EXCLUSIVE: They have been an integral part of two of the defining family sitcoms of two separate decades. Now Everybody Loves Raymond creator Phil Rosenthal and Happy Days star Henry Winkler have teamed with Winkler’s son, director Max Winkler, and son-in-law, actor Rob Reinis, for a new multi-camera family comedy project, which has landed at ABC with a pilot production commitment. The untitled project is designed as a starring vehicle for Henry Winkler and is based on his relationship with his son-in-law. Written by Rosenthal, Max Winkler and Reinis and to be directed by Rosenthal, the comedy hails from 20th TV and Max Winkler and Jake Johnson’s studio-based Walcott Co. It centers on an emotionally reserved construction worker who learns about love, life and hugs while unexpectedly living with his in-laws — Henry, to be played by Henry Winkler, and Stacey Winkler. (In real life, Henry Winkler has been married to his wife Stacey Winkler for more than 35 years.) READ MORE »
Family Comedy From Phil Rosenthal, Max Winkler & Rob Reinis To Star Henry Winkler Gets ABC Pilot Production Commitment
Los Angeles – The Writers Guild of America, West (WGAW) has named Emmy-winning Everybody Loves Raymond creator Phil Rosenthal as its 2013 Valentine Davies Award honoree in recognition of his humanitarian efforts on behalf of writers. Rosenthal will be feted, along with other honorees, at the WGAW’s 2013 Writers Guild Awards West Coast ceremony on Sunday, February 17, 2013, at the JW Marriott Los Angeles L.A. LIVE.
“Not only is Phil Rosenthal an extraordinarily talented writer whose work has brought laughter to millions of viewers around the globe, he’s also used his great success to give back to the community around him, in particular by aiding at-risk students who need his help the most. His charitable work not only inspires us, but makes his peers proud to call themselves writers. For his continued support of a variety of civic initiatives, and for a generosity that effects positive change and promotes opportunities for creative expression, it’s no surprise that everybody loves Phil,” said WGAW President Christopher Keyser.
Following the nine-season run of his Emmy-winning comedy Everybody Loves Raymond, Phil Rosenthal successfully segued into documentary-making with Exporting Raymond, which chronicled his adventures in Russia overseeing the development of a local version of his CBS series. Now, Rosenthal again is venturing into new territory: reality television. He is set to do a pilot for a travel and food reality series, in which “a great chef takes me to a great city and shows me where to eat,” he says.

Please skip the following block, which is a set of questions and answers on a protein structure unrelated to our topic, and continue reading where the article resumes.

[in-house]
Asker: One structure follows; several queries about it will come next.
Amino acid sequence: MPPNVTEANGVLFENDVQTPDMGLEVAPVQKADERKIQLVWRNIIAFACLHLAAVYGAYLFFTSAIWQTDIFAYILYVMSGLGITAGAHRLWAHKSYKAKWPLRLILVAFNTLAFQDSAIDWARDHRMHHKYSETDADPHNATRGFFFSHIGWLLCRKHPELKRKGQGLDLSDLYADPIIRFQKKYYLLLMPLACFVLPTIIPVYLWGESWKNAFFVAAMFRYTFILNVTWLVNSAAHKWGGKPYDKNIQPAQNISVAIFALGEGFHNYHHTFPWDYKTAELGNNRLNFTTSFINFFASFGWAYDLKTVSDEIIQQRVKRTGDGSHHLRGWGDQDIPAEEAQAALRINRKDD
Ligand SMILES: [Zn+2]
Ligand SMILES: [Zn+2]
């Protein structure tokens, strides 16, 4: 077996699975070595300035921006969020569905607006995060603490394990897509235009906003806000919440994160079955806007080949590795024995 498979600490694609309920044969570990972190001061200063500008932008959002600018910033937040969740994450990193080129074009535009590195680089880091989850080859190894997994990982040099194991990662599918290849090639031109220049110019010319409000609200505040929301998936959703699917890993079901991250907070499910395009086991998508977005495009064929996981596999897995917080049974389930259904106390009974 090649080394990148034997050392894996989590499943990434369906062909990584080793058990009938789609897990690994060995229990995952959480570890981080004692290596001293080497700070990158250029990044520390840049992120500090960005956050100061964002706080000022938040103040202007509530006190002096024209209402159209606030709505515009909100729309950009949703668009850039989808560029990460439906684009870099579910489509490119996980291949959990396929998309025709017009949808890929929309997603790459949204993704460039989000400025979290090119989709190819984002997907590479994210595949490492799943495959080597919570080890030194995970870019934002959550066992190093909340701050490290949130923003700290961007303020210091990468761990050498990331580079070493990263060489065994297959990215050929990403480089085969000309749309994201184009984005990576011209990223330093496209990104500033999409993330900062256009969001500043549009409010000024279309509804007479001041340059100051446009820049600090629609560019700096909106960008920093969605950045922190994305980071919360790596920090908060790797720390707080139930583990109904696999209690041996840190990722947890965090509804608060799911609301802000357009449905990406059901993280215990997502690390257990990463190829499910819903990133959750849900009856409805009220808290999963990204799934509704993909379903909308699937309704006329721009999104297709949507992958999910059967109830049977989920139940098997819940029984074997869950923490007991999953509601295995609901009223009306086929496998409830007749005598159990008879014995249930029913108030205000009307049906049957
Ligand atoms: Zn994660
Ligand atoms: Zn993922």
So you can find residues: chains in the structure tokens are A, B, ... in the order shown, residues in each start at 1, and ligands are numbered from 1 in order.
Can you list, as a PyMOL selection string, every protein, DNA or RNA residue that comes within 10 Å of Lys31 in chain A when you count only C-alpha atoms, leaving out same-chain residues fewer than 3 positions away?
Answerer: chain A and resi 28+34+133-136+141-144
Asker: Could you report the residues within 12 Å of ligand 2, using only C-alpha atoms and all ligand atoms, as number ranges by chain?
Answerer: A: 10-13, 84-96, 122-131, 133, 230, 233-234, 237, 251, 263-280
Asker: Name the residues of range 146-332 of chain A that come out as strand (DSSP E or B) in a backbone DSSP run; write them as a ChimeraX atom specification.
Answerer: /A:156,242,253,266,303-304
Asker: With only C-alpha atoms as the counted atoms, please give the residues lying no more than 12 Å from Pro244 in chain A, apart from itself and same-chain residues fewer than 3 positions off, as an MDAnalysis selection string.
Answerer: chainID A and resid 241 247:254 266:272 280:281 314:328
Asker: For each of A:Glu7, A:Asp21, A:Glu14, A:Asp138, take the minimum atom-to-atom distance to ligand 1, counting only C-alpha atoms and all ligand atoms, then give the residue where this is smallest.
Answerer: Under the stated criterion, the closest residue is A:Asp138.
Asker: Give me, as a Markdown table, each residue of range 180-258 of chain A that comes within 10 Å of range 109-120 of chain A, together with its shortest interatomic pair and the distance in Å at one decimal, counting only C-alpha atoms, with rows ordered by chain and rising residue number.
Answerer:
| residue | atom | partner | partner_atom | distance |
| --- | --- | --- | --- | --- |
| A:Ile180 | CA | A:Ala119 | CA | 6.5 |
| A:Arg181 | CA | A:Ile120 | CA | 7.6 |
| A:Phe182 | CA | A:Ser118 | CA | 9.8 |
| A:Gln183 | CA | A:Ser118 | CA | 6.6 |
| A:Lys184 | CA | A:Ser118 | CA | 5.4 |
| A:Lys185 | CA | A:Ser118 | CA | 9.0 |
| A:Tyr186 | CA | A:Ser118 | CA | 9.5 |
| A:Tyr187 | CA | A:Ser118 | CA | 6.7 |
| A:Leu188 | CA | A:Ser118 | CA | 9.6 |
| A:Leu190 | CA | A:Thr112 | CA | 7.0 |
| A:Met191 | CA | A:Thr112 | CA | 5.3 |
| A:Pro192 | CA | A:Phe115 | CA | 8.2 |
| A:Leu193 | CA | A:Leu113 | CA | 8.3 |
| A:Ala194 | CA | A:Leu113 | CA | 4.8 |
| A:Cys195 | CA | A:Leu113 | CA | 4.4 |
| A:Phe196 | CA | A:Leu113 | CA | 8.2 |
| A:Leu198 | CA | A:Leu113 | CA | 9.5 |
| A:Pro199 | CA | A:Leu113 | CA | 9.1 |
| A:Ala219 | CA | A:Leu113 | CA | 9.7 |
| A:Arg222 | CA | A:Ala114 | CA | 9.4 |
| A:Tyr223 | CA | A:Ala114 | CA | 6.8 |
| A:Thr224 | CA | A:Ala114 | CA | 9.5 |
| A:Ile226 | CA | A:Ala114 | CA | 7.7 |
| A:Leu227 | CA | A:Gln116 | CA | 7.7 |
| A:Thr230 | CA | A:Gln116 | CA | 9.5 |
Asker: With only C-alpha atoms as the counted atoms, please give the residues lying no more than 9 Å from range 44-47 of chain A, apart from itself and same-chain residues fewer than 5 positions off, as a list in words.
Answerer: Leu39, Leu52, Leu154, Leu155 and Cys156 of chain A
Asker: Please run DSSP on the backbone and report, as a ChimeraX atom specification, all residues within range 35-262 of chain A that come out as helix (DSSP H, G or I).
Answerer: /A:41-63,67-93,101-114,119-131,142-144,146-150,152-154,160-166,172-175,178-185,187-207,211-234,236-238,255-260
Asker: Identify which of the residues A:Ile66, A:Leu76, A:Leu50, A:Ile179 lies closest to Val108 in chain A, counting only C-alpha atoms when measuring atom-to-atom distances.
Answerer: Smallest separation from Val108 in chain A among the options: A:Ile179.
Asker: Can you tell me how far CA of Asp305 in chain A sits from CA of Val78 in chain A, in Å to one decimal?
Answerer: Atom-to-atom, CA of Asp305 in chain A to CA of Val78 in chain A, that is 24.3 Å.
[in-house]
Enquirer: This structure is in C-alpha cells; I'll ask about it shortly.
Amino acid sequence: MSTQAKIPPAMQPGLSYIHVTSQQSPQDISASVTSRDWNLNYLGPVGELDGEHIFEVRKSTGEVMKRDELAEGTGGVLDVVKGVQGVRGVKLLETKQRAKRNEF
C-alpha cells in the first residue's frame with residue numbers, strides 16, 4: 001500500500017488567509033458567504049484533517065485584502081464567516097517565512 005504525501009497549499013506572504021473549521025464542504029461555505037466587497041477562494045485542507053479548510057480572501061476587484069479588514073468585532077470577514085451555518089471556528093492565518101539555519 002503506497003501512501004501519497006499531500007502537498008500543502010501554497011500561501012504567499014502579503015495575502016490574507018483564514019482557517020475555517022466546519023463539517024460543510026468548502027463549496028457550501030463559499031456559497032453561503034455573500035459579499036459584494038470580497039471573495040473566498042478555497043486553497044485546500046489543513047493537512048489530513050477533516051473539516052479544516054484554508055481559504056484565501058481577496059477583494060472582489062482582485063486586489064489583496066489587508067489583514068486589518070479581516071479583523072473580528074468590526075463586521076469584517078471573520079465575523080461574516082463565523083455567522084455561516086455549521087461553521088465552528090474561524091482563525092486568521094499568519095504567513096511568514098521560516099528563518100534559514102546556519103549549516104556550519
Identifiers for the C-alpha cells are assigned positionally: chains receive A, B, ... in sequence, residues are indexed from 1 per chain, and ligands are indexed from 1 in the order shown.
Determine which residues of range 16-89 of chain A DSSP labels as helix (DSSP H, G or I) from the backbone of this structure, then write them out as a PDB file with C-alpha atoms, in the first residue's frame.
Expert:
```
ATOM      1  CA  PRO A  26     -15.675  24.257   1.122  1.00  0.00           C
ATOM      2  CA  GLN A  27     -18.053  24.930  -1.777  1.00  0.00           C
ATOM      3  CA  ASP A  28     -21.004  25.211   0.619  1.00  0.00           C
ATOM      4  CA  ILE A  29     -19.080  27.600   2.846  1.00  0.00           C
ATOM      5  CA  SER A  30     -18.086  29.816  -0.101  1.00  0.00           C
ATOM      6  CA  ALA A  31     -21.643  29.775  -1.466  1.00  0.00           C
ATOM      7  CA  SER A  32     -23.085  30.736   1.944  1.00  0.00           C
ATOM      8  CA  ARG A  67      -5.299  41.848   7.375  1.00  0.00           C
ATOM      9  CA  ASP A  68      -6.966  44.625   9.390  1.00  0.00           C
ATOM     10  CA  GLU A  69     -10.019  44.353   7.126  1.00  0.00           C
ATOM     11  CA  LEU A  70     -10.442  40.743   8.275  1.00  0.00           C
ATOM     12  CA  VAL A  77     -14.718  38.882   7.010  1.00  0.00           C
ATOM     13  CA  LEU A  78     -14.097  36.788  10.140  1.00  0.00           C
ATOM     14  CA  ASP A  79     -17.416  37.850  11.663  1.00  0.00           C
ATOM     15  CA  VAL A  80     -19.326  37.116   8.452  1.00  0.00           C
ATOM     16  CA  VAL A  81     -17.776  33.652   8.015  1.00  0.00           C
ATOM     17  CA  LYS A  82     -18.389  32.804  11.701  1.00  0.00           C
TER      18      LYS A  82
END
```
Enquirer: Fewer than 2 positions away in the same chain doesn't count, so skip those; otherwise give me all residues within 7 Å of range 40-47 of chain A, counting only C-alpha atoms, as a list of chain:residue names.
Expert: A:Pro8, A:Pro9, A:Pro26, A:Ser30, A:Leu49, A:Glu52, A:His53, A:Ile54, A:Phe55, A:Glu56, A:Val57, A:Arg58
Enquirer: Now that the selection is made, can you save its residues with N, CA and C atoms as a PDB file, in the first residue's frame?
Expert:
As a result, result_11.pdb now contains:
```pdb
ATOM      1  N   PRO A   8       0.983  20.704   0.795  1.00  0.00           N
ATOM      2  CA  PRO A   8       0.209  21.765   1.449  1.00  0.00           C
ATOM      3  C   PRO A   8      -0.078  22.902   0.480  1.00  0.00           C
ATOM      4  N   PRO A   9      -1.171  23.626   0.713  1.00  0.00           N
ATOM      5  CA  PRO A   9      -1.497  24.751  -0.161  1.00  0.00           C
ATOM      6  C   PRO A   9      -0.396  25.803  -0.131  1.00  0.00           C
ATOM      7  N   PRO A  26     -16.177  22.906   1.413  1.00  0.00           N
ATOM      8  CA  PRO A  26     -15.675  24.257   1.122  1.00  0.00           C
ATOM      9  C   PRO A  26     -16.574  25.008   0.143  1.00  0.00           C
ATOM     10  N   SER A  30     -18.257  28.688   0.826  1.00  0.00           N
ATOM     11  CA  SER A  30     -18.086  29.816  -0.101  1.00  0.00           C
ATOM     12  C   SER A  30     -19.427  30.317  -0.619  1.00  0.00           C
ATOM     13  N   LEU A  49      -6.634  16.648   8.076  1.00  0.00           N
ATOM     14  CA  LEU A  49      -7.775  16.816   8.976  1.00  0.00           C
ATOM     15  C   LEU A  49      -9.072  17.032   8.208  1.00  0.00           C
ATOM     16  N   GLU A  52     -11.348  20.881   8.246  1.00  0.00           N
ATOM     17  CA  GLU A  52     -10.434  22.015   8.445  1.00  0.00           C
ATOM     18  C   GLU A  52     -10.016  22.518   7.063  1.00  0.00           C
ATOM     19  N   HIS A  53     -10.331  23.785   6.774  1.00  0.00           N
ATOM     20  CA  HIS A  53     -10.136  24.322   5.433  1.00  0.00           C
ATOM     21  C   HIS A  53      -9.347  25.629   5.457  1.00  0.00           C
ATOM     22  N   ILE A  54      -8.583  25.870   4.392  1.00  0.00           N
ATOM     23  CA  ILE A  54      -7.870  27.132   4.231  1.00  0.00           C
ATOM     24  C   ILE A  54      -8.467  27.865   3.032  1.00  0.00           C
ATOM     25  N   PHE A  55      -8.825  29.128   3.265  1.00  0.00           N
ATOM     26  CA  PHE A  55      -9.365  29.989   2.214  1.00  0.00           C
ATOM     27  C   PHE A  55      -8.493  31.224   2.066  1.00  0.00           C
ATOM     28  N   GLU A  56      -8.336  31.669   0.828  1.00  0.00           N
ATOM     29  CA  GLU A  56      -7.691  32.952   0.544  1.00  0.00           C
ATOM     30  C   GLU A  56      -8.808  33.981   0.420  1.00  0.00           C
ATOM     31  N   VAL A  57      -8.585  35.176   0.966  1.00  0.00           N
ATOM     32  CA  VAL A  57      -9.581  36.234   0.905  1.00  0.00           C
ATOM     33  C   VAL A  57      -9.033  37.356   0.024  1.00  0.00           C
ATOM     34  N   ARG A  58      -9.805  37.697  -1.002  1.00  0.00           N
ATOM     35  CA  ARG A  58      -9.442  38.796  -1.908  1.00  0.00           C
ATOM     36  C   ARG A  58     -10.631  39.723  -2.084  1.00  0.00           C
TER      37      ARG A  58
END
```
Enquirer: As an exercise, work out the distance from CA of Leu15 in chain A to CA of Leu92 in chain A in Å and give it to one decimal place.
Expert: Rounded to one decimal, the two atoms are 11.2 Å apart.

In the pilot, he and chef Thomas Keller will travel to London and spend nine days exploring great eateries in all price ranges with Keller and his local chef friends as guides. Rosenthal will provide live updates during the trip on his Twitter feed. He will shop the completed pilot to TV networks and, if it goes to series, Rosenthal has chef Nancy Silverton lined up for a trip to Italy and Nobu Matsuhisa for an episode in Japan. Sometimes it won’t be chefs but famous local people who would show him around. “The goal of the show to motivate people to travel and provide them with the best guide where in the world to eat,” Rosenthal said.
TCA: ‘Raymond’ Creator Slams TNT For Axing Ray Romano’s ‘Men’, ‘Jackie’ EP Talks About Pitching To ‘Roomful Of Fear’
Ray Richmond is contributing to Deadline’s TCA coverage.
On a lively and colorful afternoon TCA panel promoting the fall PBS four-hour series America in Primetime, Everybody Loves Raymond creator Phil Rosenthal blasted TNT for its recent decision to cancel Raymond star Ray Romano’s latest series, dramedy Men of a Certain Age. “Those idiots put six episodes on in November and then waited until July to schedule the next six as if they were trying to make sure the audience didn’t connect to it,” Rosenthal said. “Then they cancel it because the audience doesn’t connect to it. That’s why I say the only thing I hate about this business is the business part.”
Rosenthal’s zingers often punctuated the discussion, in which he, Nurse Jackie co-creators Liz Brixius and Linda Wallem, Desperate Housewives star Felicity Huffman and America in Primetime exec producer Tom Yellin delved into what makes primetime tick. The idea behind the PBS series is to promote the idea that all primetime scripted entertainment is built on the foundation of all shows that have come before it. In the series, Yellin notes that Murphy Brown creator Diane English originally received a note from CBS that the title character shouldn’t be a recovering alcoholic in her 40s but a 30-year-old woman coming out of a spa. “I got the same note on Raymond,” Rosenthal quipped, “that he be a 30-year-old woman coming out of a spa.”
This is the first trailer for Phil Rosenthal’s feature documentary Exporting Raymond, which chronicles the adventures of the Everybody Loves Raymond creator in Russia where he worked on mounting a local version of his hit sitcom. The documentary, which won the audience award at the Austin Film Festival, is being …